Yes, You Can Eat Cicadas...But Should You?

If Brood X has peaked your snacking curiosity, read on.

If you live in cicada country, then you don't need us to tell you what is already audible: Brood X has arrived. After a 17-year spell spent underground, the periodical cicadas have finally cropped up in Pennsylvania and Indiana as well as parts of Tennessee and Virginia. And while many cicada admirers are content to enjoy the hypnotic singing, some see another benefit to Brood X: the opportunity to get creative in the kitchen. A few restaurants have even put the bugs on the menu, including one Ohio eatery that tried out cicadas as a pizza topping. That's why some readers may have noticed recipes online or on social media aimed at helping those so inclined to sample the cyclical creatures.

In fairness, the urge to snack on these summer swarmers is entirely understandable. After all, scientists theorize that cicada broods emerge simultaneously because their survival relies on being tasty and plentiful. When cicadas emerge, they provide a buffet for the birds, reptiles, and other wildlife in the immediate area. Everyone gets full, and there's still plenty of cicadas left to continue the species. Harvested responsibly, that means that there's enough for you to get a taste too.

But before you take your first bite, we've put together a guide that'll help you decide whether cicada consumption is for you. We'll take you through a few things to consider before chowing down, as well as provide some ideas for how to cook up a few cicadas before the summer ends...

So, Cicadas Are Edible?

Cicadas are certainly not an appealing snack for everyone, but they — along with a number of other insects — are entirely safe for human consumption. And if you've already eaten crab or crawfish, then you've already familiarized yourself with other members of the cicada's biological class, Anthropoda. A 2004 guide published by a University of Maryland cicada group notes that historically, various Native American tribes, as well as groups in Australia, New Guinea and Japan have treated cicada as a delicacy. Like other insects, they're generally high in protein and minerals. They're also particularly delectable to dogs, although the Food and Drug Administration's Center for Veterinary Medicine notes that animal owners should prevent their pups from eating too many. The crunchy exteriors can irritate the stomach lining of some dogs, especially when eaten in large volumes.

But as with any food, there are always allergy considerations. For example, the US Food and Drug Administration has cautioned that people who are allergic to shellfish or pregnant may want to avoid trying out cicadas, as the insects are related to shrimps and lobsters. Young children and people with gout should also skip the cicada cuisine, according to the Cleveland Clinic. And of course, you'll also want to make sure that the cicadas you catch are gathered from an area where pesticides, insecticides, and heavy chemicals aren't regularly used. Those guidelines should generally be followed whenever foraging is part of the food gathering process.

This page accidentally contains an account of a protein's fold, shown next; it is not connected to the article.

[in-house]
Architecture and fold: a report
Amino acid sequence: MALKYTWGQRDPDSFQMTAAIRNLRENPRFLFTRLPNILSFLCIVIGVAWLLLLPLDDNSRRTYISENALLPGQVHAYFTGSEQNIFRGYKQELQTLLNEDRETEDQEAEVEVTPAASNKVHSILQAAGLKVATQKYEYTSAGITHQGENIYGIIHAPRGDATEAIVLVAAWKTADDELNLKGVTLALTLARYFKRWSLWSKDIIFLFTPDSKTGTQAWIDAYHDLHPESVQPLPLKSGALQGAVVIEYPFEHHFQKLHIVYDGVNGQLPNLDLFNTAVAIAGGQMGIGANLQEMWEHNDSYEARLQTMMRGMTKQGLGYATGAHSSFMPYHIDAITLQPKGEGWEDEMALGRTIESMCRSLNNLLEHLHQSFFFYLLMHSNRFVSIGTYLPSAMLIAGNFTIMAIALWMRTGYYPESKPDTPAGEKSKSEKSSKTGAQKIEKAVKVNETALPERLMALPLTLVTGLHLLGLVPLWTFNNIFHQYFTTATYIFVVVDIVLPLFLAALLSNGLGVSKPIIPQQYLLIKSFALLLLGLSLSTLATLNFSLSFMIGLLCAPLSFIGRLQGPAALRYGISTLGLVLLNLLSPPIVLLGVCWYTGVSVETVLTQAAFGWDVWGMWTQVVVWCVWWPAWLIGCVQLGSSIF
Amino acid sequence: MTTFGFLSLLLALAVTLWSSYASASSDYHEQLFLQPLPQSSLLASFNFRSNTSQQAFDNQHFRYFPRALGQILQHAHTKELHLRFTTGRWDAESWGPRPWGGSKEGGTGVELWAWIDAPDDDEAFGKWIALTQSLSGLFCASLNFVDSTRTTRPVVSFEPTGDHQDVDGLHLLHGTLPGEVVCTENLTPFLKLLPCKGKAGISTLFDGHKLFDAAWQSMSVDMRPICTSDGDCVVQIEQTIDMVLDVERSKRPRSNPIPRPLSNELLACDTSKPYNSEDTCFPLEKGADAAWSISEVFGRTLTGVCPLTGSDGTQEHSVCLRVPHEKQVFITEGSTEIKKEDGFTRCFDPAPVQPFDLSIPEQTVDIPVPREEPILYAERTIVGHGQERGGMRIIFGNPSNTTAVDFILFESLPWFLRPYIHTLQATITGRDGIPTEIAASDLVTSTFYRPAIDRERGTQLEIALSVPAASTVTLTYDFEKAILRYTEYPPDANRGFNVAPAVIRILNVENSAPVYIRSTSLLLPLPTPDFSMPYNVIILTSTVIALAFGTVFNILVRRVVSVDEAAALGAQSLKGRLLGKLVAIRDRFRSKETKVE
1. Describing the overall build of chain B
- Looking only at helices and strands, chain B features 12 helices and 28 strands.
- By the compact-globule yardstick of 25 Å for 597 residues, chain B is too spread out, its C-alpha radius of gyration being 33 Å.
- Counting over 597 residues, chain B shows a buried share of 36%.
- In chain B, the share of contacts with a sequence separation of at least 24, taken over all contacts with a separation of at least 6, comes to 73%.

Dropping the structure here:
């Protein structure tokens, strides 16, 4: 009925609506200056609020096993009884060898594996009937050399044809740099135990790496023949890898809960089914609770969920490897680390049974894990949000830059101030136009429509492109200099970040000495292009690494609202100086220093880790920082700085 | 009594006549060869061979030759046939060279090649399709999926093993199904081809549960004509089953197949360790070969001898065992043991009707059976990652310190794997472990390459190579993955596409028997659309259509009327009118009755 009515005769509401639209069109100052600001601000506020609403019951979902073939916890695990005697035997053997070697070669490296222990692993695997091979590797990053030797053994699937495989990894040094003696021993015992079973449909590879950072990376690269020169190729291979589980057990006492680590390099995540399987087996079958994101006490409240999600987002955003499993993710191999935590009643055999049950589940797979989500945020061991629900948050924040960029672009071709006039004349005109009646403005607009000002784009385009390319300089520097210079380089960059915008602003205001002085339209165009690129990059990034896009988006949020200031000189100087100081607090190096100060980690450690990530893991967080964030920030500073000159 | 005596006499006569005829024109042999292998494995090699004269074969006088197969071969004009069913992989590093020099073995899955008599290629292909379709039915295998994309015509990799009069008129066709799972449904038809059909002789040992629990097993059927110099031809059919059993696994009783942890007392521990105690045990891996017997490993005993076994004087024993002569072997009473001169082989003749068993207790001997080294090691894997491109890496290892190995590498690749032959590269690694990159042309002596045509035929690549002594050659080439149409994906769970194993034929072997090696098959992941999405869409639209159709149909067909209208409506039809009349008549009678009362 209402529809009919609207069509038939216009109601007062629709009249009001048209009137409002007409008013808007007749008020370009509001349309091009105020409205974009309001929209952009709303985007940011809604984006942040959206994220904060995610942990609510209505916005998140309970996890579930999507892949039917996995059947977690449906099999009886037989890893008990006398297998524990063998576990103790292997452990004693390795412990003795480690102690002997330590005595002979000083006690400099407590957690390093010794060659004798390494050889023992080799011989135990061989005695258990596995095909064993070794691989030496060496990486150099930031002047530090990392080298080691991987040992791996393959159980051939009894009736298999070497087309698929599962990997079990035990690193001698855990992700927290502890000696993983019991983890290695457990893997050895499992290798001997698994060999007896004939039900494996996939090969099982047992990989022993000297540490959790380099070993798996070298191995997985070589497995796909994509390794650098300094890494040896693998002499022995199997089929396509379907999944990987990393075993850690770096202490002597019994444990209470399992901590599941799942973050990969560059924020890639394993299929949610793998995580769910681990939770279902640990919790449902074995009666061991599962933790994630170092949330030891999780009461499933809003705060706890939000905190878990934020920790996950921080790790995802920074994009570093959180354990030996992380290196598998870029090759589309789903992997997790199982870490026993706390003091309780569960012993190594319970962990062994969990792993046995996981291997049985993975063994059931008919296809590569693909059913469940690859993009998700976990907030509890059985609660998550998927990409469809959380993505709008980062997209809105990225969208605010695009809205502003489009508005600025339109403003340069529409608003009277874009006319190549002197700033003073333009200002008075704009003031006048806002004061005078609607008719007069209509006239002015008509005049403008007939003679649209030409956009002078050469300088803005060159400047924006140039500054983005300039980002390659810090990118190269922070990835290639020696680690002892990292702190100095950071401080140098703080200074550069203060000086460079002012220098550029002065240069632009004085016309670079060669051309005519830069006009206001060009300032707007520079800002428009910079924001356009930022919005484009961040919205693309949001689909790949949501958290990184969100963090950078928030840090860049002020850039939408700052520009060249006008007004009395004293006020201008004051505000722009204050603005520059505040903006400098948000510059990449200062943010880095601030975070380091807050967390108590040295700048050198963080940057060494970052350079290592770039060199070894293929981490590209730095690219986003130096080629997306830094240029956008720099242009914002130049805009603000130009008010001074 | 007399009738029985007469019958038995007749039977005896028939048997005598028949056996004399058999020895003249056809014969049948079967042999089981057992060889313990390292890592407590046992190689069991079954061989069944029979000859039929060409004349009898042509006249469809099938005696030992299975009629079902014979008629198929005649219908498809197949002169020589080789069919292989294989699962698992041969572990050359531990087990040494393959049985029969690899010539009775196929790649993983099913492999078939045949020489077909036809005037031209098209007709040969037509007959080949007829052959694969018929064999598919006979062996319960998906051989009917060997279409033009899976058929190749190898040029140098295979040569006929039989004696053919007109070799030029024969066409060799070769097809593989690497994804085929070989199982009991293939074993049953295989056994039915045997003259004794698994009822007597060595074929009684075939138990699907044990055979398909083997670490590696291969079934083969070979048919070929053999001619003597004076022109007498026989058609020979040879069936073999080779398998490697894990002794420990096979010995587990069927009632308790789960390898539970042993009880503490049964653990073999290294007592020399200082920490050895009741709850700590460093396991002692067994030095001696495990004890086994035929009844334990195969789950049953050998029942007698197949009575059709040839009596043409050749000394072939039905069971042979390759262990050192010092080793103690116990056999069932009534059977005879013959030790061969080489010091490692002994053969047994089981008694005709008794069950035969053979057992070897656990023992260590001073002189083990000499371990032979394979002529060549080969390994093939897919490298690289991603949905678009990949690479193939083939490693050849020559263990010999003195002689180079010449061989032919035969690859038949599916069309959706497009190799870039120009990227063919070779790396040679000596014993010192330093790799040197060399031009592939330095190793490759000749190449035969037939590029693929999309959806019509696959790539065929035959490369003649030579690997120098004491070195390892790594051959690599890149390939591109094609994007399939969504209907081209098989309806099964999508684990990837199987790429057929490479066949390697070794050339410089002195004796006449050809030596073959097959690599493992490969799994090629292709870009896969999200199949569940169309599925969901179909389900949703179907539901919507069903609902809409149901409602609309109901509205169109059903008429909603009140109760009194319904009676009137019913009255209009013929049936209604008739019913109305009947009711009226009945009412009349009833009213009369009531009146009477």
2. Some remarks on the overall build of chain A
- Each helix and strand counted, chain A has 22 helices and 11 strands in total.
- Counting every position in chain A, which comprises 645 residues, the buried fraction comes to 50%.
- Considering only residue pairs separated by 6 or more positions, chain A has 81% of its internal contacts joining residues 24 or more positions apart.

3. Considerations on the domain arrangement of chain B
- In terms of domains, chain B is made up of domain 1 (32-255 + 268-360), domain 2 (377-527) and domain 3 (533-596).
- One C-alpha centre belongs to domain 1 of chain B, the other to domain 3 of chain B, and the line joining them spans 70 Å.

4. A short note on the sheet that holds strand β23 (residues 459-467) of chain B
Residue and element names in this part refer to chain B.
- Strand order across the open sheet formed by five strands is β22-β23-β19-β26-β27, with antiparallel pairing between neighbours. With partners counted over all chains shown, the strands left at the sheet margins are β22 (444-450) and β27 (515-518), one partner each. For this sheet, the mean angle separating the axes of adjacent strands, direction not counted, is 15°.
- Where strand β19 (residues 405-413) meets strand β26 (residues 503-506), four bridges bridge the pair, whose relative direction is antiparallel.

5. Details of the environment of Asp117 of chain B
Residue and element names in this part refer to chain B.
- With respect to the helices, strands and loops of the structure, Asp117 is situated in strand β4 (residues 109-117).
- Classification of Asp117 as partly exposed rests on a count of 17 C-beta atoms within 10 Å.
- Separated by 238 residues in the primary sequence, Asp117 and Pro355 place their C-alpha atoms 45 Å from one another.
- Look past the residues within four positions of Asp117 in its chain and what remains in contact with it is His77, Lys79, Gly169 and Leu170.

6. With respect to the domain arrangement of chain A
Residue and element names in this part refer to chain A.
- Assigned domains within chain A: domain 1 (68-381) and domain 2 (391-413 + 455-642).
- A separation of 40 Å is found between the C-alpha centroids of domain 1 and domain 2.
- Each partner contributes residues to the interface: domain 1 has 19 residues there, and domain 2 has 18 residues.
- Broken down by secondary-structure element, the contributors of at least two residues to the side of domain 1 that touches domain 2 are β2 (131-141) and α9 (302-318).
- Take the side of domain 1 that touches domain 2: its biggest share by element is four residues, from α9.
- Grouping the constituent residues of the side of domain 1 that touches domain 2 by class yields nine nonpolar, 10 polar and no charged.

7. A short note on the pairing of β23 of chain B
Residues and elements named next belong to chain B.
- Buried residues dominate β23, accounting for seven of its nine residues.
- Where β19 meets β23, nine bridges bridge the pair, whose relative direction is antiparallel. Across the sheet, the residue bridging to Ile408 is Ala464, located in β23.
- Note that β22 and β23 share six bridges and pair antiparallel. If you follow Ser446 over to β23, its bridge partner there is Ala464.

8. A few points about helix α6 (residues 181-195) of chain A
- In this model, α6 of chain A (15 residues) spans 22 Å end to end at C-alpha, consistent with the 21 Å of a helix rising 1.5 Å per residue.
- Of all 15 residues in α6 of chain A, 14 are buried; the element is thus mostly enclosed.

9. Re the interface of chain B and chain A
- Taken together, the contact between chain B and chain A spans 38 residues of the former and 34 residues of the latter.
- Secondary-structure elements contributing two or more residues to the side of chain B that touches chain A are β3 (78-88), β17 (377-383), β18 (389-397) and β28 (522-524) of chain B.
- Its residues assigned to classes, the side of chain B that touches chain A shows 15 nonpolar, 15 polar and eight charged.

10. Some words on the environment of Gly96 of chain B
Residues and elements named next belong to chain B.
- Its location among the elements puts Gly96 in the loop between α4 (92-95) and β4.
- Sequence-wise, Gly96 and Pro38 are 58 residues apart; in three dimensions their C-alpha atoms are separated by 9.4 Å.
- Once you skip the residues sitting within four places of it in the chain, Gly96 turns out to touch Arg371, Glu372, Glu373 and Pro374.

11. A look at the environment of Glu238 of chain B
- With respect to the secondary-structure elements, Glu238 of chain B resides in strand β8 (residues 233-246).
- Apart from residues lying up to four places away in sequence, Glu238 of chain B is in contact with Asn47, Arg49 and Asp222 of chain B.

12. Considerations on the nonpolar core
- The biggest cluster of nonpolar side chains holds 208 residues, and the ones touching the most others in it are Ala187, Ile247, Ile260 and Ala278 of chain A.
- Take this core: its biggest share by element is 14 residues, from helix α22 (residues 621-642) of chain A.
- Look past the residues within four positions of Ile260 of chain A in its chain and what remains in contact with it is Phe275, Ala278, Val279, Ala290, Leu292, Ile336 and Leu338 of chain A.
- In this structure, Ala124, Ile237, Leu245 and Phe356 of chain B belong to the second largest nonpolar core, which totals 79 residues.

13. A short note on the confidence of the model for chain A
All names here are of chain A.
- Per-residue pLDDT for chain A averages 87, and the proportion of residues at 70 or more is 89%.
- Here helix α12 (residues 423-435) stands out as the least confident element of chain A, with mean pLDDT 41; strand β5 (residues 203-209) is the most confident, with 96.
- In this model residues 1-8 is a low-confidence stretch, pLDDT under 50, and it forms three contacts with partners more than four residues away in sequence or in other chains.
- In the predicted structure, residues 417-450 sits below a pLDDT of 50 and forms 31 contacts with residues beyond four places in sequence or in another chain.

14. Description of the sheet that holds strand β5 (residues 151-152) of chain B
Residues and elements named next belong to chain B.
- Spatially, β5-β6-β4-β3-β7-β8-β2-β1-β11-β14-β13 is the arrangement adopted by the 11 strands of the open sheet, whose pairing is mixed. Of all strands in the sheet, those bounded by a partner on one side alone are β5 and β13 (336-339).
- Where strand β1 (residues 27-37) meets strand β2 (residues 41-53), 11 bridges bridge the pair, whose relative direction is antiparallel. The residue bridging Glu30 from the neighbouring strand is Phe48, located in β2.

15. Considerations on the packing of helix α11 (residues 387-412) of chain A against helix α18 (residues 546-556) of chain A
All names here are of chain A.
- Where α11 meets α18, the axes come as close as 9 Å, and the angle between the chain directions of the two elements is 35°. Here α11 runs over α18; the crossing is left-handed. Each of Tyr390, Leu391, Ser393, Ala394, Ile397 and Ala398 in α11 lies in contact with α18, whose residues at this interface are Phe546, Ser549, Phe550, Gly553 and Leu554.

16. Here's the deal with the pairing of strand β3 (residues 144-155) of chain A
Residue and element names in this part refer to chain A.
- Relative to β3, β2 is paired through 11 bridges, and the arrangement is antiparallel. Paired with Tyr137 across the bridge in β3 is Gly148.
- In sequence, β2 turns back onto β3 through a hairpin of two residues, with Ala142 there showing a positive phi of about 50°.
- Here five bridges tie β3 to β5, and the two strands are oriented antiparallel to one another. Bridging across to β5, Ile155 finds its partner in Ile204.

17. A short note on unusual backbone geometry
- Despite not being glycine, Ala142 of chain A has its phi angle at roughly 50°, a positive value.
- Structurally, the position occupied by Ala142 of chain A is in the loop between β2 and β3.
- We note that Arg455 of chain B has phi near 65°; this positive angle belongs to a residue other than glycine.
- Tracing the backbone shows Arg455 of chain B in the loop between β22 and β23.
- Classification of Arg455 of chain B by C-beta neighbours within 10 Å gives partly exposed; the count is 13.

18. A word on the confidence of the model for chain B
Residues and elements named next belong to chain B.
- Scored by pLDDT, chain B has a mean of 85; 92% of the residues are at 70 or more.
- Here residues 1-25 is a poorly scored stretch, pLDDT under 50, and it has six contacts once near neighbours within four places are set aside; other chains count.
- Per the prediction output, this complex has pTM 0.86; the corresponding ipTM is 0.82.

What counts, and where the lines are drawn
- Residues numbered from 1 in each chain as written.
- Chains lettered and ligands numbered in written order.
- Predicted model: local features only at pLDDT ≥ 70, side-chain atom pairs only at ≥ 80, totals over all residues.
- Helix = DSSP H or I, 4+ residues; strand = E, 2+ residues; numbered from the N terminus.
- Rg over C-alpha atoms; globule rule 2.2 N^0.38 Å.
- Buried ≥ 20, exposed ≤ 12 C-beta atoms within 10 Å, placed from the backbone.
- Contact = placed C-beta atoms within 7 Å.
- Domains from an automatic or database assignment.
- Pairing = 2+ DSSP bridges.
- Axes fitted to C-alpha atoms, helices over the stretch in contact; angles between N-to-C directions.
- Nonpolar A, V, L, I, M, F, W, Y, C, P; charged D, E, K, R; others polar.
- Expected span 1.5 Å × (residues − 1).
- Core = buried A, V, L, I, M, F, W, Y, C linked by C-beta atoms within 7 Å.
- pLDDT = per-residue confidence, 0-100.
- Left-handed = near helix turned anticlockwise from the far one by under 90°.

Brood X Cicadas Emerging In Pennsylvania
MediaNews Group/Reading Eagle via Getty Images

OK, But Why Eat Cicadas?

Novelty is, of course, a big reason to try out a cicada snack. Humans are always looking for the next new bite to sample, and bugs are not exempt from our culinary creativity. But if the prospect of trying new dishes isn't enough, eating cicadas is also a worthwhile endeavor because it could slowly remove stigma from entomophagy, or the practice of eating bugs. That increased familiarity with insect eating could come in handy as we continue to figure out how to cope with climate change. Insects are far more sustainable to raise than cattle and can be farmed in much less space, making them an environmentally sound swap for meat. And while periodical cicadas can't become a menu staple for obvious reasons, sampling a few may encourage folks to try out other more common edible insects, like crickets.

For those curious about the flavor, properly prepared cicadas usually have a somewhat nutty taste to go along with their crunchy exterior. They can be eaten fresh or frozen or dry-roasted for later use.

Tips on Cooking Cicadas

To sate your cicada cravings, you'll first want to gather the critters up. According to the University of Maryland's guide to cooking cicadas, that's best done by gathering up the newly hatched cicadas, or tenerals, just after they've emerged. Their new shells haven't hardened yet at that point, which makes them perfect for consumption. Most tenerals emerge in the early morning hours, so you'll want to set an alarm. Once you've found the tenerals, you can scoop them up and store them in a brown paper bag. After you've brought them back to the kitchen, you can freeze the cicadas in a bag to dry-roast later, or you can use them fresh. Just make sure to remove any hard bits before eating them.

Given the cicadas' crunchy exterior, they work great in dishes where some crunch is already expected. For example, they can be tempura fried, or pan-fried fresh and used as the protein in tacos. The University of Maryland guide also recommends covering the cicadas in chocolate, especially after dry-roasting first for 10 to 15 minutes at about 225 degrees. After being dry-roasted, they can also be ground up and added to bread for a bit of a protein boost, or used as a topping for ice cream.

Foraged cicadas might seem like a strange thing to add to the grocery list, but for those who live in the areas where the winged critters are emerging, a cicada snack is worth the consideration. After all, like all seasonal delicacies, they are here for a limited time only.

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